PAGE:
Fry Family Food is celebrating saving the equivalent of over 21,000 fish from their sales of fish-style fillets since Veganuary.
International vegan food brand The Fry Family Food Co (FFFC) is commemorating saving an equivalent of over 21,000 fish from our oceans since their launch six months ago of their Golden Crispy Fish-Style Fillets and Battered Prawn-Style Pieces.
The company calculated that the total weight of their fish-style fillets equated to 21,534 haddocks saved, basing it on the average weight and yield of the animal. The company also calculated that this meant new sales of their products could have saved the equivalent of either 45,000 salmon, 1,534 cod or 130 tuna fishes.
In their press release, FFFC also added that Cowspiracy says for every one pound of fish caught, up to five pounds of other marine species are caught and discarded in the process. This meant their products could have also prevented the unnecessary capture and killing of approximately 874 porpoises, 309 bottlenose dolphins, 289 green turtles, or two gigantic humpback whales.
Tammy Fry, international marketing director at the Fry Family Food Co, said: “We are absolutely thrilled to have been able to contribute to reducing the number of fish removed from our oceans this year.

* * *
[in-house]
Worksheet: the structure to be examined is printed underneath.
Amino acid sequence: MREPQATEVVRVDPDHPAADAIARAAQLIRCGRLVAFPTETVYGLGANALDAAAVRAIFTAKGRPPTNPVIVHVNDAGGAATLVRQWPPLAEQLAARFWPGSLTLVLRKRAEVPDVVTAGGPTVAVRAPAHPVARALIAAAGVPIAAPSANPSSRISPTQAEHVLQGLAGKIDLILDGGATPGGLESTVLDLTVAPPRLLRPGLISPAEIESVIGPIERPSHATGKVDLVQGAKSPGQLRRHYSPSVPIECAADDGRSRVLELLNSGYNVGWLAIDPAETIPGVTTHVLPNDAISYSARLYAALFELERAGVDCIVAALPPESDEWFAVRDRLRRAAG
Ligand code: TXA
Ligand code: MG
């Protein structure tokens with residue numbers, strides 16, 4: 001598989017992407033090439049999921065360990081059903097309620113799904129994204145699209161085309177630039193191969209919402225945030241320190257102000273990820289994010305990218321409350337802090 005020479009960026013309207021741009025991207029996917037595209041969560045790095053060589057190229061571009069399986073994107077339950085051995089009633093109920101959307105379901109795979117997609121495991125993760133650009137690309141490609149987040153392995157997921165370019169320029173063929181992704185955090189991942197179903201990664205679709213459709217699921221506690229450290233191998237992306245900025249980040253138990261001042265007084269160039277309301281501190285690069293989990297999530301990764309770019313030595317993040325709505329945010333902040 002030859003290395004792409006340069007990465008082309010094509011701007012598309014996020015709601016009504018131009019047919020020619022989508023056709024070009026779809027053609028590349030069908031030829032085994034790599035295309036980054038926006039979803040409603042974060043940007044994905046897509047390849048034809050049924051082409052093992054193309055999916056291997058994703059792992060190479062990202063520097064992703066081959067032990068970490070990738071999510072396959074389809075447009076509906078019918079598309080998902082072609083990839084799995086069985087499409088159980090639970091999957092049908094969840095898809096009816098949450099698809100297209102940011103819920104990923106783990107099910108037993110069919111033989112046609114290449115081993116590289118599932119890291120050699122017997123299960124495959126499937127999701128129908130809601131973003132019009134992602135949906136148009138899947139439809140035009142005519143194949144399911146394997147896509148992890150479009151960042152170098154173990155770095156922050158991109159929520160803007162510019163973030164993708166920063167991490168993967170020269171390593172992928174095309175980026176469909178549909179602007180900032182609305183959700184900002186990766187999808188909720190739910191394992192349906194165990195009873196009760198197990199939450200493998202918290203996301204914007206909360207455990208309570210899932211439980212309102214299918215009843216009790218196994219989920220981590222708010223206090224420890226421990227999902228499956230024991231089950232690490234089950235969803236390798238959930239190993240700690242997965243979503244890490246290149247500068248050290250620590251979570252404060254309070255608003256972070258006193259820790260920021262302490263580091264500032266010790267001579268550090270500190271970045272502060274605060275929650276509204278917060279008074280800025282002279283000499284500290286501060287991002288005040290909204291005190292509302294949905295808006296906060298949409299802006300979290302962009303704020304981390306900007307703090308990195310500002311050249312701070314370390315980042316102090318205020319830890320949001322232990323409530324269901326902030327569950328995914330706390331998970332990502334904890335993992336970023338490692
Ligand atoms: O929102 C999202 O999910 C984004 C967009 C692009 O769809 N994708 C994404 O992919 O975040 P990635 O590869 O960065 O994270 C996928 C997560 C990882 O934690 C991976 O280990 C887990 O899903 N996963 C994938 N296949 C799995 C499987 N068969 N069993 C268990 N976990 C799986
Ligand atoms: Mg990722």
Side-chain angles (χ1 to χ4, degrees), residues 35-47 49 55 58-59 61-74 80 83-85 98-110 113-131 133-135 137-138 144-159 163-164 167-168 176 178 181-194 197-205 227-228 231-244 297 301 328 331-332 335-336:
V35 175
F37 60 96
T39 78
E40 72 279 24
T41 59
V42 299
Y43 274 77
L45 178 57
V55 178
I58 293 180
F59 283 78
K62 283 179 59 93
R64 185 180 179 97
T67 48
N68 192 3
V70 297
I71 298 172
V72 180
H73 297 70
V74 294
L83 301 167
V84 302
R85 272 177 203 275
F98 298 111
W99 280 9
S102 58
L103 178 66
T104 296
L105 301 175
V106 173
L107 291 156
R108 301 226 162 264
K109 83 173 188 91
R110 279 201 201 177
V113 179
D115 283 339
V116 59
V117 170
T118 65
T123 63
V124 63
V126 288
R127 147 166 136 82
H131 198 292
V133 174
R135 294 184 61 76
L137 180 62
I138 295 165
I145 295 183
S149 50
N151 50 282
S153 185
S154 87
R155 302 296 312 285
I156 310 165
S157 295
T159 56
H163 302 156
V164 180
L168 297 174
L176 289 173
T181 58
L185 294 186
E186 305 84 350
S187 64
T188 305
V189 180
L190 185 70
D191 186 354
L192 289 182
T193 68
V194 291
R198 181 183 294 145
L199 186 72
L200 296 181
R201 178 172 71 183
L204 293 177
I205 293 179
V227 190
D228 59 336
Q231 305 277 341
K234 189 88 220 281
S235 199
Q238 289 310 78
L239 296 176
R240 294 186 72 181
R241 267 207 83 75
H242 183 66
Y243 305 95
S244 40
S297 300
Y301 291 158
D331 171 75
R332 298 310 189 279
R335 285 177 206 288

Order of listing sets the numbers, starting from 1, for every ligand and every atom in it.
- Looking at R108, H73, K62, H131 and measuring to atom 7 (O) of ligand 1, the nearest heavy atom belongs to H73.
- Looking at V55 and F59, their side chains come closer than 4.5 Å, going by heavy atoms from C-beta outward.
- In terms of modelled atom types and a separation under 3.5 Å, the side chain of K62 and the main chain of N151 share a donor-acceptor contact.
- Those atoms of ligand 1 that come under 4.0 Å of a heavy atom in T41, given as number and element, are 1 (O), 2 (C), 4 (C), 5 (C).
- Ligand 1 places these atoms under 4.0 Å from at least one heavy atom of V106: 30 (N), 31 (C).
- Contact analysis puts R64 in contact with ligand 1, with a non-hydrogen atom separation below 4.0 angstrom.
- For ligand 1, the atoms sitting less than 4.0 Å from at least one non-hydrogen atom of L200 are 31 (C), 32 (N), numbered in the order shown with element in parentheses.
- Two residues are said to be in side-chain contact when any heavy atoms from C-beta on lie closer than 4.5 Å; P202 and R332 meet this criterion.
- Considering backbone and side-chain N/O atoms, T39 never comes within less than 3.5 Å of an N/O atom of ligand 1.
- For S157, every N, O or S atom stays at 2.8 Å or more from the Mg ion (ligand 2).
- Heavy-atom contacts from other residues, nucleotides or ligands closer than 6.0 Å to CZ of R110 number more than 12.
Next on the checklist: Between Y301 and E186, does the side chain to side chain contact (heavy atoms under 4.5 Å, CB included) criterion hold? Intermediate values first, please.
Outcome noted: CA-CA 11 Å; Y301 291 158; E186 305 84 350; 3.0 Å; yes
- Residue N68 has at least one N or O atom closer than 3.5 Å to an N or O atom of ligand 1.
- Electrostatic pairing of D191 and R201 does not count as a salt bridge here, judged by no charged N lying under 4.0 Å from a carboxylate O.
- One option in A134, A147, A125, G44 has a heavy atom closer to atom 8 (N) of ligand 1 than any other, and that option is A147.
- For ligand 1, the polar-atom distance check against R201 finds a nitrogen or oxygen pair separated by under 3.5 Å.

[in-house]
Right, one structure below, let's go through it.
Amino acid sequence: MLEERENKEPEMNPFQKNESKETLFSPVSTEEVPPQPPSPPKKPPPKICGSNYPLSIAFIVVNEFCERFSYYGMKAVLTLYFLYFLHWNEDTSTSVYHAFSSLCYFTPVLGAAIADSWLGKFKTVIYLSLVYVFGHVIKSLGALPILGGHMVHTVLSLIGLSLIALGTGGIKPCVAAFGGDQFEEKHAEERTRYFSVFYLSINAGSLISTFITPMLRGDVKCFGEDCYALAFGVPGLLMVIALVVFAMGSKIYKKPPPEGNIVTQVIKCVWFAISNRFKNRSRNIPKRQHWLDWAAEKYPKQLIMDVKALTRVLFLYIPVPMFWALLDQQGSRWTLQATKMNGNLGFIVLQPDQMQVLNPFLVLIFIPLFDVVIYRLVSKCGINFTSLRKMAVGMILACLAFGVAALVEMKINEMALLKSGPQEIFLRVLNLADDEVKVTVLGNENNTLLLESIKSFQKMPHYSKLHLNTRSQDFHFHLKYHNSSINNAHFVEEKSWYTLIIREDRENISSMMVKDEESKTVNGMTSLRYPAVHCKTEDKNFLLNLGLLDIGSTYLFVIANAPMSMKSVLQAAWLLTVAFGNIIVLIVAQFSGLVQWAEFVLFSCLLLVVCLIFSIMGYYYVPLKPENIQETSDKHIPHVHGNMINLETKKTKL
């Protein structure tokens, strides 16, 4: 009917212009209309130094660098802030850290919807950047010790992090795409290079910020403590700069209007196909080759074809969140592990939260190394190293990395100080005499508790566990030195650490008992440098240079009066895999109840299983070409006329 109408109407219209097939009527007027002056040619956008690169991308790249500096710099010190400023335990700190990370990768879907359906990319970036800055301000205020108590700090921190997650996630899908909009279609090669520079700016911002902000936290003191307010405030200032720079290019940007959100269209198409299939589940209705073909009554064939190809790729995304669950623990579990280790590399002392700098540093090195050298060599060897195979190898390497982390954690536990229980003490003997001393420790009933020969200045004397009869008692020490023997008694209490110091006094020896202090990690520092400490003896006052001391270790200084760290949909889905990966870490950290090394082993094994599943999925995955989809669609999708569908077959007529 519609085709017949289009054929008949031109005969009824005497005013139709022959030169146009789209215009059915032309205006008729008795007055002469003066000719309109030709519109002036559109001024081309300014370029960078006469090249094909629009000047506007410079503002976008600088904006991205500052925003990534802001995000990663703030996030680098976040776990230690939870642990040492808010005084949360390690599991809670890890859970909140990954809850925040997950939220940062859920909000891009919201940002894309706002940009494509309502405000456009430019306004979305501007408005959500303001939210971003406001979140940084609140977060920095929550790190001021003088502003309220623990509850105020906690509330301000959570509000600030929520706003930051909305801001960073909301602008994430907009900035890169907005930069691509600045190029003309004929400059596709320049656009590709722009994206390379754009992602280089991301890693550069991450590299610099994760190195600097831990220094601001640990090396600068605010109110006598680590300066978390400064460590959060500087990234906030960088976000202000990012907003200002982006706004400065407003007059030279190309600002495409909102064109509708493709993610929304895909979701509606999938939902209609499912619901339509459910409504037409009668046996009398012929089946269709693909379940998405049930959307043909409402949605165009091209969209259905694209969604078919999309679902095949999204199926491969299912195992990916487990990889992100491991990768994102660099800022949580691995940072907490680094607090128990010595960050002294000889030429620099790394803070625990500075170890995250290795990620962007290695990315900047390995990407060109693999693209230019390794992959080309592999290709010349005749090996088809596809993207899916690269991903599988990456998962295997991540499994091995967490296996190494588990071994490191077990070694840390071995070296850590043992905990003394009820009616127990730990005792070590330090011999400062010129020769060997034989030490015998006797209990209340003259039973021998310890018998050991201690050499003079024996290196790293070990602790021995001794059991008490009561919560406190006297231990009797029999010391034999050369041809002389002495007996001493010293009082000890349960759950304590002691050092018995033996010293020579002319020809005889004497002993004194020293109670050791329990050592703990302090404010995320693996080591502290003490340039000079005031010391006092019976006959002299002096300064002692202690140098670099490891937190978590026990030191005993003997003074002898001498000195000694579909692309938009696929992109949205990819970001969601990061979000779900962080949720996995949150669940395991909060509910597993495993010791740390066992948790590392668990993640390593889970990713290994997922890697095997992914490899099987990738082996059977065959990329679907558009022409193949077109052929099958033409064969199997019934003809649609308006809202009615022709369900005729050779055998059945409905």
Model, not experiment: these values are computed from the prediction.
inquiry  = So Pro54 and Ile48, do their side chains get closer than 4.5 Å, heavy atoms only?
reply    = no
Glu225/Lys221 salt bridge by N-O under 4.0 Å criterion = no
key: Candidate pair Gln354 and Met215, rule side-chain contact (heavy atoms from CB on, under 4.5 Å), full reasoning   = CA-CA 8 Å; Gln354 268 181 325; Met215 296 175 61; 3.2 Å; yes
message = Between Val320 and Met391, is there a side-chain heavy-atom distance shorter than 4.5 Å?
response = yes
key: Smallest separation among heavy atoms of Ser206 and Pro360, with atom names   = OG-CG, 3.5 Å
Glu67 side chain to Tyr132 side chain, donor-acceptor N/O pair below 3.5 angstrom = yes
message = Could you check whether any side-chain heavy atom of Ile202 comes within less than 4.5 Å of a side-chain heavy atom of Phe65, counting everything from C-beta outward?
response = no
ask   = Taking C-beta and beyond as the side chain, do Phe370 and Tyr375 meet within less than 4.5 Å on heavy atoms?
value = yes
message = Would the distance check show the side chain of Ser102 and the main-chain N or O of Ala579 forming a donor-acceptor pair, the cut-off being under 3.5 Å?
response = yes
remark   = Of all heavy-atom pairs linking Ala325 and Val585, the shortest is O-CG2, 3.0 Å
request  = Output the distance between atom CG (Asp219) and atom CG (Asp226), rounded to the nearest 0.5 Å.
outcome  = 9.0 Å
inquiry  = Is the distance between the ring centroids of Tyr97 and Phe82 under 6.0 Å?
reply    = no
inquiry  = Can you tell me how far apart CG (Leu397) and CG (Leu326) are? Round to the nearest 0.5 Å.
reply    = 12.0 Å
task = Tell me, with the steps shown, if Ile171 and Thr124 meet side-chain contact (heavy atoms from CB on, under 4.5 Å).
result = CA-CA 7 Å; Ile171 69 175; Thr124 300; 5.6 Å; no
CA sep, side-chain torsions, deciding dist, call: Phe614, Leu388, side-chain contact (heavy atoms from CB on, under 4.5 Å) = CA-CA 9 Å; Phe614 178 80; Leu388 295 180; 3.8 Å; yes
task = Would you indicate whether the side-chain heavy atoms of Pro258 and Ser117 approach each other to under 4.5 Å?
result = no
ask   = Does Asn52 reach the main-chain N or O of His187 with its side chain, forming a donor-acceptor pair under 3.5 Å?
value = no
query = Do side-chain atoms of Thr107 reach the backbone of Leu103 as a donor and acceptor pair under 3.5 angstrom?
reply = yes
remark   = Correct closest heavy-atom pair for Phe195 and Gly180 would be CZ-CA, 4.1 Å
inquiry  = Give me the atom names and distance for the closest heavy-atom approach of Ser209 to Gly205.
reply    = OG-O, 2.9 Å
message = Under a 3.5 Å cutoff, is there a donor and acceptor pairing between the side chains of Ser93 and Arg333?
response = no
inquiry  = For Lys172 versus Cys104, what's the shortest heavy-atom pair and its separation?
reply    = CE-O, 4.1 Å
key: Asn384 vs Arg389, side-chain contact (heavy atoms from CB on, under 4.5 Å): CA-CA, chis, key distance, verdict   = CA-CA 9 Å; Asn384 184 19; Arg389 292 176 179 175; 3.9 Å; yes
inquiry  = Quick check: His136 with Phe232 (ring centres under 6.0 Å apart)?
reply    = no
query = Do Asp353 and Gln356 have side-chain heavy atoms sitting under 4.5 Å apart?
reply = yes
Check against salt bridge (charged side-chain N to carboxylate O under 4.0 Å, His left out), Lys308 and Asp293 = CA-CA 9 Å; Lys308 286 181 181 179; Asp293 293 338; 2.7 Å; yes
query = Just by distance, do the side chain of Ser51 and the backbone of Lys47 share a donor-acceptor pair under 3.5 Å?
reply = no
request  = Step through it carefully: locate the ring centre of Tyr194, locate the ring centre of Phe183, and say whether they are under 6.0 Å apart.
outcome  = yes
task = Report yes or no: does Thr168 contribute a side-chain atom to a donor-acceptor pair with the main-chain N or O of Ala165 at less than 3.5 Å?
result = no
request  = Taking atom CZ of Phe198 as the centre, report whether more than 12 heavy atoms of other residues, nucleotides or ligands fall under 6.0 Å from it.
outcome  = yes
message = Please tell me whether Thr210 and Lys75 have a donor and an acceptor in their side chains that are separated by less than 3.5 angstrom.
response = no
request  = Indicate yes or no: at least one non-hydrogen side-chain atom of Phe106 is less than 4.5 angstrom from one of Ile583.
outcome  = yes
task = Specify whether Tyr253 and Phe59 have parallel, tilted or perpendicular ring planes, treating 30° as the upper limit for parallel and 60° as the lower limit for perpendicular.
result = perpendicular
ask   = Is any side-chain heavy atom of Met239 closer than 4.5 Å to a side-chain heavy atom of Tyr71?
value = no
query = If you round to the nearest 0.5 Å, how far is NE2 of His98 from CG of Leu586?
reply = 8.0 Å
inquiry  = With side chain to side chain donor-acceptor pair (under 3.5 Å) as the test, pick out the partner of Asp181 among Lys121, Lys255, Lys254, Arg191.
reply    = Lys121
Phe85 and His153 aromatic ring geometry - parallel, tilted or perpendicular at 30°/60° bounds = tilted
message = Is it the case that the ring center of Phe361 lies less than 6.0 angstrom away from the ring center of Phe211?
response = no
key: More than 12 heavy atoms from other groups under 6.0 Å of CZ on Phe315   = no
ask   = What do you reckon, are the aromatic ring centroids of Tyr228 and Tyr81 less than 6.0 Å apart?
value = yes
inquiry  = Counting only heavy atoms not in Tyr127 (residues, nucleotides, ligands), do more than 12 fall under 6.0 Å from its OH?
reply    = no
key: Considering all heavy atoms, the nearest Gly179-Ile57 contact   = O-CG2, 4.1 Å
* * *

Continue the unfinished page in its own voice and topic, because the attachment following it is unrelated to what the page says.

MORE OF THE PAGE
“Animal welfare and environmental protection are absolutely intrinsic to everything we do here at Fry’s, we’re also incredibly conscious of the effects of overfishing on the eco-systems of our marine environments.”
FFFC originally started with plant-based meats in 1991 and launched their seafood range at their Veganuary event this year (which, incidentally, had a record number of signups). Their fillets also contain more Omega-3 than standard tuna, while their prawns are high in protein, fibre and being mercury, cholesterol and chemical-free.
Fry added: “By 2050, it is estimated there will be more plastic in the ocean than fish which is a shocking statistic, so if we can help people make small swaps just once or twice a week and give a plant-based fish alternative a try then this is a huge step in the right direction.”